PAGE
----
You are currently viewing The Cold Truth: Why Ice Baths May Not Benefit Every Body Type according to Traditional Chinese Medicine

The Cold Truth: Why Ice Baths May Not Benefit Every Body Type according to Traditional Chinese Medicine

The Cold Truth: Why Ice Baths May Not Benefit Every Body Type according to Traditional Chinese Medicine

You’d have to be hiding under a rock recently to not have noticed the curious sight of people plonking themselves into ice baths and seemingly loving it.

A primary human need is to seek comfort and warmth, we’re warm-blooded creatures, so why are some of us willingly putting ourselves in an extreme cold environment when every cell in our body is screaming ‘danger’.

Trend? Pastime? Spiritual practice? Personal challenge? Or just fun with a group? For some and for all those reasons and more, the athletic and wellness communities have embraced cold water exposure and have run with it.

The Potential Mind/Body Benefits of Ice Bathing

The major claims of benefit of ice bathing seems to be primarily linked to reducing inflammation and muscle soreness post-exercise. However, scientific evidence supporting these benefits is mixed.

Studies suggest that while ice baths might provide temporary relief from soreness, they may also delay muscle regeneration and adaptation by suppressing inflammation, which is a natural and necessary part of the healing process. Some research also points to the possible mental health benefits of cold-water therapy or cold exposure.  The sudden exposure to cold can stimulate the sympathetic nervous system, leading to an increased release of norepinephrine, a hormone and neurotransmitter associated with improved mood and alertness, boosting and enhancing mental clarity and focus and providing a temporary uplift in mental performance. Certainly anecdotal evidence would say many people feel an improvement in mood post ice bath session

On the flip side, for some individuals this practice can also lead to heightened stress and anxiety. Some body types tend towards a low tolerance of cold exposure , in Chinese medicine this is known as a Yin or cold type constitution. For these people, prolonged exposure to cold may deplete the body’s (Yang) energy (think ATP production in cells), potentially exacerbating feelings of lethargy, depression, and mental fog. 

Understanding Cold in TCM

Chinese Medicine (TCM) offers a unique view on cold therapy. Health or pathology can be expressed through the lens between Yin (cold, passive) and Yang (heat, active) energies within the body.

Cold as a factor affecting the body is associated with contracting inward, retarding movement and can lead to stagnation. Brought to the extreme it’s a state of suspension (no movement) or death – or extreme Yin. Cold can and does slow down bodily functions, this is true from both an Eastern and Western perspective. But it’s not a simple a case of saying cold ‘bad’ , heat ‘good’.

In a case where something is going too fast, let’s say for example inflammation and swelling from an acute injury, you may want to use a cooling method initially to slow things down. While this could temporarily reduce inflammation and numb pain, would you continue to use ice/cold after the swelling subsides and pain is lessened? Probably not!

Applying healing strategies in TCM involves assessing the use of a method and how suitable it may be based on a person’s overall presentation. So, each case really comes down to the individual, their body type or constitution.

In traditional east Asian medicine prolonged exposure to cold is generally discouraged as it may flare conditions like arthritis, think cold penetrating or contracting into joints, or it may contribute to tissue stiffness and discomfort, think ischemic tissue or lack of proper blood flow to an area.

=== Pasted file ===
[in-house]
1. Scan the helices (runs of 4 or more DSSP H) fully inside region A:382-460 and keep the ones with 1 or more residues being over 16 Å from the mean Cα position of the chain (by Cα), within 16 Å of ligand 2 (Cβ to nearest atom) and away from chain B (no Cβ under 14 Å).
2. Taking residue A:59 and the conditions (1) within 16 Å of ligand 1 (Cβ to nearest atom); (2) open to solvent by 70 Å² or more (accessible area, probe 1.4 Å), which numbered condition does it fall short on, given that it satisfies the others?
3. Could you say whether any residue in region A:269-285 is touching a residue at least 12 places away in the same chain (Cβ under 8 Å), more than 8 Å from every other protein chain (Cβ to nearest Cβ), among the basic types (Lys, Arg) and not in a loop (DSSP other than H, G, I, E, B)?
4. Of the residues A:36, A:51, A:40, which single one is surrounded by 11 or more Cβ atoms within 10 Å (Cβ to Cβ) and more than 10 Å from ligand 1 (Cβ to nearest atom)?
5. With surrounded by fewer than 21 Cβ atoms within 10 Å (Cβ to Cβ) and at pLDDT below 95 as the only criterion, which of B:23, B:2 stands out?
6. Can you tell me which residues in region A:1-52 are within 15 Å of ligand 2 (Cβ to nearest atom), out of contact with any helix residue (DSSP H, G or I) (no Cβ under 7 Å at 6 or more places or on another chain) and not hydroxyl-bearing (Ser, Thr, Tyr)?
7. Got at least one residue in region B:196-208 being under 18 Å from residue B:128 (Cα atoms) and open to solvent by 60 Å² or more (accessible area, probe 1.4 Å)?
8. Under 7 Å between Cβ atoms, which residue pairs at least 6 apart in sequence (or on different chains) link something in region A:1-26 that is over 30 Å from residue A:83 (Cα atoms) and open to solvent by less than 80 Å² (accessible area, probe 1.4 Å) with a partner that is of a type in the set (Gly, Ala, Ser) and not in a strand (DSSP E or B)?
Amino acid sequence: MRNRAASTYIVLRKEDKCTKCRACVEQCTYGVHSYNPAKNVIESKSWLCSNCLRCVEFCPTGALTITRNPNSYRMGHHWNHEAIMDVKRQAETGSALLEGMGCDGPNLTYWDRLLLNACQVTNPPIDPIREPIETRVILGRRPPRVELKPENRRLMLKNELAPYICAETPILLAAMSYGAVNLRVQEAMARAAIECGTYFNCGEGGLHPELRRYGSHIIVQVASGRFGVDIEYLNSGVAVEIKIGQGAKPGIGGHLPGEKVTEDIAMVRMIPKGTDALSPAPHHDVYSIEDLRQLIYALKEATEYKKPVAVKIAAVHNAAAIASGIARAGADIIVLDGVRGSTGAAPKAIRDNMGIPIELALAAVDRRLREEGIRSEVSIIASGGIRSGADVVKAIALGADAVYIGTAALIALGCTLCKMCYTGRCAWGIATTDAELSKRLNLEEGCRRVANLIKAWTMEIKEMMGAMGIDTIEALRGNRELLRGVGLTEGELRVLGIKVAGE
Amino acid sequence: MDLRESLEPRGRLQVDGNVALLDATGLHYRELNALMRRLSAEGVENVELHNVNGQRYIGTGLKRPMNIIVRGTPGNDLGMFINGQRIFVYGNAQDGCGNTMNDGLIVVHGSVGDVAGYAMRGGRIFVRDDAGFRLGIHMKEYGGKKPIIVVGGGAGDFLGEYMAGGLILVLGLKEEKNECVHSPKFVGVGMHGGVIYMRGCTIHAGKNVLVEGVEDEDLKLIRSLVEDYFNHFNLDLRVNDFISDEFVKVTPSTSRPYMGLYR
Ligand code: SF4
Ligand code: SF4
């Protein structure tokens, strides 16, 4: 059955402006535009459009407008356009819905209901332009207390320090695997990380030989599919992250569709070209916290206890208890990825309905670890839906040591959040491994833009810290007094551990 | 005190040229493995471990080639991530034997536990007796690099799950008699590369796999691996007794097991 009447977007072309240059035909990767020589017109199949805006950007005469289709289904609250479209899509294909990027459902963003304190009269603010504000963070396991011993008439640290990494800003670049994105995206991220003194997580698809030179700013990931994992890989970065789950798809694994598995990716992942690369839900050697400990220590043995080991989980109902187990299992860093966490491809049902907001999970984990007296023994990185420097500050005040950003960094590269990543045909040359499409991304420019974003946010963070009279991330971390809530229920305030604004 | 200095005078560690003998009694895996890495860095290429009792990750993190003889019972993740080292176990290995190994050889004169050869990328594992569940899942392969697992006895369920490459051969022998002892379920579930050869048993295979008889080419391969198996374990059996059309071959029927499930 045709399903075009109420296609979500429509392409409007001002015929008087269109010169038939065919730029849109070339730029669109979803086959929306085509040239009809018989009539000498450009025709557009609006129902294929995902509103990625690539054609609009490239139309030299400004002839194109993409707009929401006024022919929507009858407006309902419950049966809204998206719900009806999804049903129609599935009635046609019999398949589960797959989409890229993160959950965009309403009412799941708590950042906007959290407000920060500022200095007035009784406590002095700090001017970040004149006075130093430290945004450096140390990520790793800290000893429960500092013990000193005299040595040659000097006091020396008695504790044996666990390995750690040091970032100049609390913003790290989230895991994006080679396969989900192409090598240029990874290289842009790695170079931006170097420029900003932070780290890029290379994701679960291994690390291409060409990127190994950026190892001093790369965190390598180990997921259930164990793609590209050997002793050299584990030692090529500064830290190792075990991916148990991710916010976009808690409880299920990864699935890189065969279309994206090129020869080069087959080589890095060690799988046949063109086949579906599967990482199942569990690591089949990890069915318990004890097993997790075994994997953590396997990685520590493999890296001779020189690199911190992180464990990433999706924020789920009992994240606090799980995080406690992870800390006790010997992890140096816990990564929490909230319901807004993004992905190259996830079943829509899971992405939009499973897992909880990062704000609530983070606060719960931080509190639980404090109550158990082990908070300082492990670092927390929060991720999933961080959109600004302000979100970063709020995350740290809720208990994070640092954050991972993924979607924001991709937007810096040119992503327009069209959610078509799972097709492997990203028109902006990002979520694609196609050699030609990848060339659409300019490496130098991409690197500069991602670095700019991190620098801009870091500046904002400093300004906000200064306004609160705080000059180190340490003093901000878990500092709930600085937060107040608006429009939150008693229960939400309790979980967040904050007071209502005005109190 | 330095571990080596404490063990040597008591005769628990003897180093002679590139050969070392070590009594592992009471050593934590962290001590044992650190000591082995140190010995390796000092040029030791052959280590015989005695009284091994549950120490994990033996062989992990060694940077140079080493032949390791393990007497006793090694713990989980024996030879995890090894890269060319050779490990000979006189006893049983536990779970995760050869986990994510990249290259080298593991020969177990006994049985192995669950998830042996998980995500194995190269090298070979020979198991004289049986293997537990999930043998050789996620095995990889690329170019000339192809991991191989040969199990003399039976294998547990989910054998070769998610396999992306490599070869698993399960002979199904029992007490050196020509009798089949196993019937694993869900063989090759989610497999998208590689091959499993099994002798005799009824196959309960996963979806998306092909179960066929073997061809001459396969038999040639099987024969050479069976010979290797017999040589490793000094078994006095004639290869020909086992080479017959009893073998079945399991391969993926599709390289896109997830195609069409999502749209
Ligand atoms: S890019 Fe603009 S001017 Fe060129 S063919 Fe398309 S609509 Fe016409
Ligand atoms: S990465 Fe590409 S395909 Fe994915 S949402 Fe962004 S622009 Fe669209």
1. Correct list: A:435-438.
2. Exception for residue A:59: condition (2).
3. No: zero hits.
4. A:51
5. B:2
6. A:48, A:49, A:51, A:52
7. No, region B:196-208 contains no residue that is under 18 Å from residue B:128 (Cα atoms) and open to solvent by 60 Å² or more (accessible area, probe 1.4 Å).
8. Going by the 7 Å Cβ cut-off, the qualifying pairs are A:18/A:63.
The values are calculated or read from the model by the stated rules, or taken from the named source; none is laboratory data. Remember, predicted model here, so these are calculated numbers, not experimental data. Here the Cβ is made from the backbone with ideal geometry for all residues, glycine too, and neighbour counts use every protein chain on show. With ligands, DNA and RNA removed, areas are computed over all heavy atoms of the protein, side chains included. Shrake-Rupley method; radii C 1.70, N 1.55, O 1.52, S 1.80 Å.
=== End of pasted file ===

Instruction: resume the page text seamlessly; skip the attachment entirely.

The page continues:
Generally, our bodies are good at regulating between these states, doing what’s required to get our core temperature stable and balancing and regulating blood flow to tissues. However, with prolonged or frequent and regular cold exposure we may disrupt this balance, much like if we eat sugary foods consistently, we may end up with high blood sugar levels. For some people that balance can be more easily disrupted than for others.

A Cautionary Tale: Man vs Cold

I once knew of a man who took part in a planned excursion to a waterfall with a martial arts group that he was part of. The group was to bathe under the falls in the mountains (west of Sydney, Australia) as a type of cleansing or purification process and to take in the natural scenery and immerse in nature.

This particular man was fairly slight of build and a little older in years. The day in question was cold and windy and the trek down to the valley was steep. The bathing took place under the falls and afterwards the small group began the trek back up the steep climb. About halfway up the man’s body temperature suddenly plummeted and he went into hypothermic or cold shock, losing sensation in his limbs, becoming extremely weak, shivering wildly and experiencing semi-consciousness.

The situation was perilous. Paramedics had to be called, which involved one of the group running on ahead to eventually secure a mobile signal. The other members of the group did all they good to transfer their body heat to him until help arrived. Thankfully the man was taken into care and monitored. Luckily, he recovered well and lived to tell the tale, but it could have been the ultimate tragic outcome.

Why did that man become hypothermic and go into cold shock but the others in the group were all ok?

TCM categorizes individuals into different body types based on their constitutional balance of Yin and Yang. Those with a predominance of Yin, or who have a constitution that is naturally cold (or damp*) may be particularly sensitive to cold.

Understanding Yin Body Type Constitution According to TCM

  • Physical Traits:

  • Pale or Sallow Complexion: The skin may appear lighter or with a yellowish tint.
  • Cold Sensitivity: Tendency to feel cold, especially in the hands and feet.
  • Soft and Flabby Muscles: Muscle tone may be less defined.
  • Slow Metabolism: Prone to weight gain and difficulty losing weight.
  • Low Energy Levels: Often feels tired or fatigued.
  • Slow Movement and Speech: May have a tendency to move and speak more slowly.
  • Moisture Retention: Prone to water retention and swelling.
  • Dry Skin and Hair: Can have dry, brittle hair and dry skin.
  • Weak Immune System: More susceptible to colds and infections.
  • Psychological Traits:

  • Introverted Personality: Tends to be more inward-focused and introspective.
  • Quiet and Reserved: Prefers calm and quiet environments.
  • Thoughtful and Contemplative: Spends a lot of time thinking and reflecting.